Yes, I know you can look all of these things up... but people don't when they're in mid-discussion--be that a debate about economic policy for the country, or about what people were contemporaries in history.  Being able to know what the basic facts are--and being able to reason with those basic facts, gives you a huge amount of leverage.  You can reason (and fact-check) accurately.  

The more you know, the more you recognize.. the more you recognize, the deeper your understanding can be.  

In summary:  Keep learning, it's the only way to be better at understanding your world! 

(And keep searching as well...)  

1 comment:

  1. "What should you know to be a literate and informed citizen?"

    This is maybe the most important question you could ask, and a very hard one to answer. And I think the GDP points the way to the beginnings of a sort of answer. Particularly when you consider the CITIZEN part of the question. GDP may or may not be the best - or even a good - way to conceptualize the issues it addresses, but regardless it is widely used in political and news discussions of things that impact us all - government policies, economic activities, national and international issues. So we should know what it means and have a rough sense of what produces it.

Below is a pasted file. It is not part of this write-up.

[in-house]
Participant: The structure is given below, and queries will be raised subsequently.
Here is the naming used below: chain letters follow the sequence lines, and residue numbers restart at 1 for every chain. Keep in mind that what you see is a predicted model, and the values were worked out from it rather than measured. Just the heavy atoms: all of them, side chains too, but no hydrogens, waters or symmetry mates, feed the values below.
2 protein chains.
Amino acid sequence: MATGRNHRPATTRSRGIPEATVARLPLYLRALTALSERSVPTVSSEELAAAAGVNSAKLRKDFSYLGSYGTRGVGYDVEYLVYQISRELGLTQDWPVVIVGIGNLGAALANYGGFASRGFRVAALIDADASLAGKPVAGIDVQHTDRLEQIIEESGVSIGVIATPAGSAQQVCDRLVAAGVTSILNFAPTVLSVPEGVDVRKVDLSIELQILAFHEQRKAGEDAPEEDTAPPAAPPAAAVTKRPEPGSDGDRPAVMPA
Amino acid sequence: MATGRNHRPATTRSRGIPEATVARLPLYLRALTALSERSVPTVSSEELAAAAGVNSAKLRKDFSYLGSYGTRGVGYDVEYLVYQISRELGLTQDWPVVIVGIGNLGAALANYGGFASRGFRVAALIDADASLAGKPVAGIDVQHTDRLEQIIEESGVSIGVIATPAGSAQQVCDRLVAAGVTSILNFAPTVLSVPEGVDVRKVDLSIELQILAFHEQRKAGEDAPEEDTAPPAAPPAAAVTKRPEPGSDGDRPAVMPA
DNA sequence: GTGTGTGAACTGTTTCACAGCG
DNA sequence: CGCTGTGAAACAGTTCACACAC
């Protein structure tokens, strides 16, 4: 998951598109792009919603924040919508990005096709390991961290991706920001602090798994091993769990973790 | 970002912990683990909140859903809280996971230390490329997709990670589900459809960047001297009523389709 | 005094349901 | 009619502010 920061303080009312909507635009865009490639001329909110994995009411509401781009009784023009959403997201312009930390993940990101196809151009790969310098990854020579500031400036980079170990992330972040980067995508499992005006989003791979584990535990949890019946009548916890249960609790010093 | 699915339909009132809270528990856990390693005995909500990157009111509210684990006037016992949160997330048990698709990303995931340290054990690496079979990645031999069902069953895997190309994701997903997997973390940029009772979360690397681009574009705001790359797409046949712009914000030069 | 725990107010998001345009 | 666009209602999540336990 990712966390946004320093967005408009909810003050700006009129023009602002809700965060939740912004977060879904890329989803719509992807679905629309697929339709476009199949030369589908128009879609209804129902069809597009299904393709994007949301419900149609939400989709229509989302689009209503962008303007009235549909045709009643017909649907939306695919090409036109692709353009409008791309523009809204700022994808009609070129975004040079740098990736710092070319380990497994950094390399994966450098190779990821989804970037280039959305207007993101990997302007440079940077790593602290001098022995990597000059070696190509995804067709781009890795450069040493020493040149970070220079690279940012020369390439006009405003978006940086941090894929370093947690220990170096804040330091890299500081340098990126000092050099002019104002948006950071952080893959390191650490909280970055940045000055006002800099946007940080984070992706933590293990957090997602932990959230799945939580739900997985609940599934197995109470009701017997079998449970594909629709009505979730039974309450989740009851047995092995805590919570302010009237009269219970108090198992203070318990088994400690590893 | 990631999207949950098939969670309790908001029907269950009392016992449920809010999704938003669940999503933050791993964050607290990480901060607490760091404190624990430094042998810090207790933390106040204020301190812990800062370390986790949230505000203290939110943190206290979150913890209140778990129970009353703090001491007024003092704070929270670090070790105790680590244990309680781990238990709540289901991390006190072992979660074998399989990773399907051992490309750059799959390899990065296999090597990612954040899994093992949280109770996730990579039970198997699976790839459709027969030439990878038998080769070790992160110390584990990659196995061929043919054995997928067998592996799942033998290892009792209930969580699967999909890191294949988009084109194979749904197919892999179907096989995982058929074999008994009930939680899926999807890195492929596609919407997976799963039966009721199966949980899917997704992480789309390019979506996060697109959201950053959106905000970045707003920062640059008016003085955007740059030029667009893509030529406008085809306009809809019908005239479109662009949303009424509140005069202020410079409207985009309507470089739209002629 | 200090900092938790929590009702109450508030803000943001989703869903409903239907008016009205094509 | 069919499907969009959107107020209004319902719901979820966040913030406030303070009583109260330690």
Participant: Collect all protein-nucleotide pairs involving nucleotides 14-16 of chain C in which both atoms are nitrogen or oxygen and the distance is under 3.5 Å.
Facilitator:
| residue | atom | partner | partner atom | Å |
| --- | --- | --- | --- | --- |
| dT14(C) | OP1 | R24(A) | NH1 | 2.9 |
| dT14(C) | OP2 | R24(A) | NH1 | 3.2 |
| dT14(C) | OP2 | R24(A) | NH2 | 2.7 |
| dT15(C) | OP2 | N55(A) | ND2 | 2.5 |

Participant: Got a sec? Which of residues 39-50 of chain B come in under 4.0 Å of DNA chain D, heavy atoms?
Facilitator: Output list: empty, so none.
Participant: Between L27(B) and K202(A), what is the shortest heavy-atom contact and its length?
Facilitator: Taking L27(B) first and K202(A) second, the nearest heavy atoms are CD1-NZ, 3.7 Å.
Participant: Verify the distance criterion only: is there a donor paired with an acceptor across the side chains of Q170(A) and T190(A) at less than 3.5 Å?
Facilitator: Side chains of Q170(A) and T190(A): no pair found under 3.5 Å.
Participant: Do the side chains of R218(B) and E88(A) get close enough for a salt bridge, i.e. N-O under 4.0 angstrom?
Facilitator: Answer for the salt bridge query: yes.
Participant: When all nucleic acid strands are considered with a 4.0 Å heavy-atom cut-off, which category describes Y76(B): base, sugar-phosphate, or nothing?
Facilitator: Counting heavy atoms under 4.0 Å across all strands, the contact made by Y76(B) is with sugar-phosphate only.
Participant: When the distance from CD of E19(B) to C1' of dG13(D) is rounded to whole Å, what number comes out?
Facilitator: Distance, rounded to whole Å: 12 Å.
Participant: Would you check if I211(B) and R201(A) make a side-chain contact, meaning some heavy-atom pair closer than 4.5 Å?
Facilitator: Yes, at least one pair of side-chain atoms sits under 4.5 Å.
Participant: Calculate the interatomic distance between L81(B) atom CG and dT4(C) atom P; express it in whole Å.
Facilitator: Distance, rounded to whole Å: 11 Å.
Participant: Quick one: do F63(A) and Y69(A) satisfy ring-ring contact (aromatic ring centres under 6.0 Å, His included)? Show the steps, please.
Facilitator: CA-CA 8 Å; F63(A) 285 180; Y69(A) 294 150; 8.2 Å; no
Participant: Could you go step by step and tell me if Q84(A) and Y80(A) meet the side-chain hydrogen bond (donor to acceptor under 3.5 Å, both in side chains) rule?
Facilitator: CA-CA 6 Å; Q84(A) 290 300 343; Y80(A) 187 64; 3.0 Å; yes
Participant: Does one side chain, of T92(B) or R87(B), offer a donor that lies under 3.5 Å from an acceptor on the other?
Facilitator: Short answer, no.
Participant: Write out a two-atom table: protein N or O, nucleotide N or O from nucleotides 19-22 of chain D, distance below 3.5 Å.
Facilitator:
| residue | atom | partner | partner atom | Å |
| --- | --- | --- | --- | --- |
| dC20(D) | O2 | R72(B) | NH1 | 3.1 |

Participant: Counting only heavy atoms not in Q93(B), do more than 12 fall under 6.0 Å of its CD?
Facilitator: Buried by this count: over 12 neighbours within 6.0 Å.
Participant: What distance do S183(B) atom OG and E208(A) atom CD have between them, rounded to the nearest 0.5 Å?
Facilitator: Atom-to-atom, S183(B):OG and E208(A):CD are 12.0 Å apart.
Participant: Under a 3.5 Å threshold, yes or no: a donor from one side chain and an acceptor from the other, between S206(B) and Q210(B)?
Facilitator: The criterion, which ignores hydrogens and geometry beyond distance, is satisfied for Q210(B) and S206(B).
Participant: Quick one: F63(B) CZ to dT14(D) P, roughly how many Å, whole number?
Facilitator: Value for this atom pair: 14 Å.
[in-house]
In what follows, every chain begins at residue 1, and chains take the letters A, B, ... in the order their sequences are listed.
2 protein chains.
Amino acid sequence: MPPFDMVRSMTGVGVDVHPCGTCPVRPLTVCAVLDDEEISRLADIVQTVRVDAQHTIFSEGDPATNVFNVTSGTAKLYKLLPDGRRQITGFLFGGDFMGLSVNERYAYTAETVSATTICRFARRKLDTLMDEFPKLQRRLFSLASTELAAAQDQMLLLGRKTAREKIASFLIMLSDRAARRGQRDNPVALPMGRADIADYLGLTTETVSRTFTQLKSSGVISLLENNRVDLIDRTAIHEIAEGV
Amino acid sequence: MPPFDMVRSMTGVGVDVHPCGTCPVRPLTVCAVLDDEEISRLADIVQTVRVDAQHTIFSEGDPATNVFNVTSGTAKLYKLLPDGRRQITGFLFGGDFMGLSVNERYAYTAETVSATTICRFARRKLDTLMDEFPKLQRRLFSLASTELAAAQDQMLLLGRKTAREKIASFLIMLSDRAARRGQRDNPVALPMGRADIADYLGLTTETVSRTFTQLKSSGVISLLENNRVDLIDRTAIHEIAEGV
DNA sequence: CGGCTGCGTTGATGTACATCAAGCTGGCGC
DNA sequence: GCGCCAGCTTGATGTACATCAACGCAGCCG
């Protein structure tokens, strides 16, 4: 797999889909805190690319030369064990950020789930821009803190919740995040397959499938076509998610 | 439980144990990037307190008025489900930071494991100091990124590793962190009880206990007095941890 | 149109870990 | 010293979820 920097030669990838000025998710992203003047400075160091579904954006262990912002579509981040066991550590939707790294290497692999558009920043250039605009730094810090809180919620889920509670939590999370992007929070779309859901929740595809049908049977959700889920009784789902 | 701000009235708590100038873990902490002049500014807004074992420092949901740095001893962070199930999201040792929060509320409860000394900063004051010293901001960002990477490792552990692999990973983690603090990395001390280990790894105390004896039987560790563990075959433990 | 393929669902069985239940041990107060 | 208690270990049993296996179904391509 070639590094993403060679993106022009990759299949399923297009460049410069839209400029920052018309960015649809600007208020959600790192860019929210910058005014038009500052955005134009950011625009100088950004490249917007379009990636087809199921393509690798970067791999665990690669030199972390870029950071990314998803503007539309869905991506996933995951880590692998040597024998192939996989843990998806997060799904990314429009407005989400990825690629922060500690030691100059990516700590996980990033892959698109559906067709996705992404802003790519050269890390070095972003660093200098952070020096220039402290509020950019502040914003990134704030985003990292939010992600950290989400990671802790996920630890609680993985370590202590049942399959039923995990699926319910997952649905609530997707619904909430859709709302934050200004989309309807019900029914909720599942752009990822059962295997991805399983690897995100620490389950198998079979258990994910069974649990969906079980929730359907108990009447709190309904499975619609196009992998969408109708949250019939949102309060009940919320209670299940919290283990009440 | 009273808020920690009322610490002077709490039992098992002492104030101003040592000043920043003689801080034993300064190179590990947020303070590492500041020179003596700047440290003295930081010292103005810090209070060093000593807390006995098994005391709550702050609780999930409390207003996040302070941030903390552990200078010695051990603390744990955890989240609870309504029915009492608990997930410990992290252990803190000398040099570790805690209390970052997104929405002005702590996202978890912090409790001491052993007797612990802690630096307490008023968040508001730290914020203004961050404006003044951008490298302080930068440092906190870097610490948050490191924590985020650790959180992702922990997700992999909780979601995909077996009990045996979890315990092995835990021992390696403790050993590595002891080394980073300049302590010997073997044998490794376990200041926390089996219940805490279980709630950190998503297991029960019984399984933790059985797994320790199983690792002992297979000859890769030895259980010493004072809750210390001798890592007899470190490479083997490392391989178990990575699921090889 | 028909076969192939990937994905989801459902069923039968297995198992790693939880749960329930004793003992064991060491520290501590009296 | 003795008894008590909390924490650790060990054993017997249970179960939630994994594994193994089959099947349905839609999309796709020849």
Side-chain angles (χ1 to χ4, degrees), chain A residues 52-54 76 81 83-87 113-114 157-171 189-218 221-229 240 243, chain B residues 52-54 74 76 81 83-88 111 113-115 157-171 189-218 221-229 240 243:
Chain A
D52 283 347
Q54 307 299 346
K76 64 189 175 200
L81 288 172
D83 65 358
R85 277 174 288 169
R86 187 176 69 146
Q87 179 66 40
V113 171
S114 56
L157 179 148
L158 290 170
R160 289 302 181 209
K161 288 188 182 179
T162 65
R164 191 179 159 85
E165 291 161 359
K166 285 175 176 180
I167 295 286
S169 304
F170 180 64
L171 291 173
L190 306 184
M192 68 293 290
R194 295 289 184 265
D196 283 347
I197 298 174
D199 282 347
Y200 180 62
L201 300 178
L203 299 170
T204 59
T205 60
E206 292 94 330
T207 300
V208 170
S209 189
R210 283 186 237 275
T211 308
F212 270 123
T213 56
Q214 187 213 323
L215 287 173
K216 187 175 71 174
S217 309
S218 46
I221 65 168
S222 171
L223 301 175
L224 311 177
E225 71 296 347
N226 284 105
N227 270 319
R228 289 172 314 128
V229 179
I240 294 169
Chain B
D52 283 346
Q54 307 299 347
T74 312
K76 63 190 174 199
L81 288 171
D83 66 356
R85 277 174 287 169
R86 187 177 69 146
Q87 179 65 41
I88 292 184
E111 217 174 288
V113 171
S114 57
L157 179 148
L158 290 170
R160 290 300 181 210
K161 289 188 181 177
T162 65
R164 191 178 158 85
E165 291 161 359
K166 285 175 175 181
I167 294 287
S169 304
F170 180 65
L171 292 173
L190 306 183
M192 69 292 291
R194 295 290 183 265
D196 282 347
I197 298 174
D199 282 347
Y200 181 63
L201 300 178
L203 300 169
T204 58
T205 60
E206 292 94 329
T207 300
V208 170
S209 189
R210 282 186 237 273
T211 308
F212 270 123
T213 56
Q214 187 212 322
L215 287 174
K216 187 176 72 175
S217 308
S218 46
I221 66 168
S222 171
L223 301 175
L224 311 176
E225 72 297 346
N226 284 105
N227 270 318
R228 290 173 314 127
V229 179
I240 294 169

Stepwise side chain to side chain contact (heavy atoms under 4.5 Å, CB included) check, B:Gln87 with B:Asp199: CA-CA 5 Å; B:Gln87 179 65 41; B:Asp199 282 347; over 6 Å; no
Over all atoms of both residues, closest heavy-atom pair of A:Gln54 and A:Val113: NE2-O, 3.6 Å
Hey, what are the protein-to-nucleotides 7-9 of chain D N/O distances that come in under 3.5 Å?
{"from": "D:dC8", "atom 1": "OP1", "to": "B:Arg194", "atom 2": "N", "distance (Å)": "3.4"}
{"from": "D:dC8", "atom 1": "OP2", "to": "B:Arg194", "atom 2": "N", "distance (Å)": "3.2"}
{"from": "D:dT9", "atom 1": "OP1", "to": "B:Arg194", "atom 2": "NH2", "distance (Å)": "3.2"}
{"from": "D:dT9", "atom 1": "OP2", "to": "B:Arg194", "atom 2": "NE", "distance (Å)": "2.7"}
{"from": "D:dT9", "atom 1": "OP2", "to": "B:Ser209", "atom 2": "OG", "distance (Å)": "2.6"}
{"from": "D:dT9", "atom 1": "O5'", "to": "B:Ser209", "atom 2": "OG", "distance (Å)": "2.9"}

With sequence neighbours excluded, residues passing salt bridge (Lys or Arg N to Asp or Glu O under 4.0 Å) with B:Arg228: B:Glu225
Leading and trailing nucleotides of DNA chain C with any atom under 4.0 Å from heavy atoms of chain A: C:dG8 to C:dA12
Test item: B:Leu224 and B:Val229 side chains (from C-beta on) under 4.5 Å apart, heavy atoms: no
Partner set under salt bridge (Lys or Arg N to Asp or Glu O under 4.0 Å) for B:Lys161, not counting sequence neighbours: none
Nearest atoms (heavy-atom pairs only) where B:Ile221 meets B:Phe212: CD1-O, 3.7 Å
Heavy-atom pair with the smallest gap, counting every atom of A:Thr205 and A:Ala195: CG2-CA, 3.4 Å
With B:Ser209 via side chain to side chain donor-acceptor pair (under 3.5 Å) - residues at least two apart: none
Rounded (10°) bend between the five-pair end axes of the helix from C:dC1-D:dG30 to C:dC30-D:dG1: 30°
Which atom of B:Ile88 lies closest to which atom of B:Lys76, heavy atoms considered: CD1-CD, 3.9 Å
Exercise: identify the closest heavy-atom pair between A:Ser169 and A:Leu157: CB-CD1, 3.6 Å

A fascinating aspect of what you wrote is that you asked what GDP - Gross Domestic Product - is SPENT on, rather than what creates it... Which actually seems a bit problematic to me. Asking what portion of government expenditure (or of taxes) goes to education or the military is the more normal question.

    It might also be worth considering the combo of "literate and informed." Technically, literate does mean educated, knowledgeable, etc., but it is commonly taken - for obvious reasons - as referring to reading, to literature, and by extension to "culture," which in turn is usually taken as meaning what we might refer to as "high culture" (fine art, classical music, great books, as opposed to comics, pop music, etc.). So, among other things, literate has some class overtones.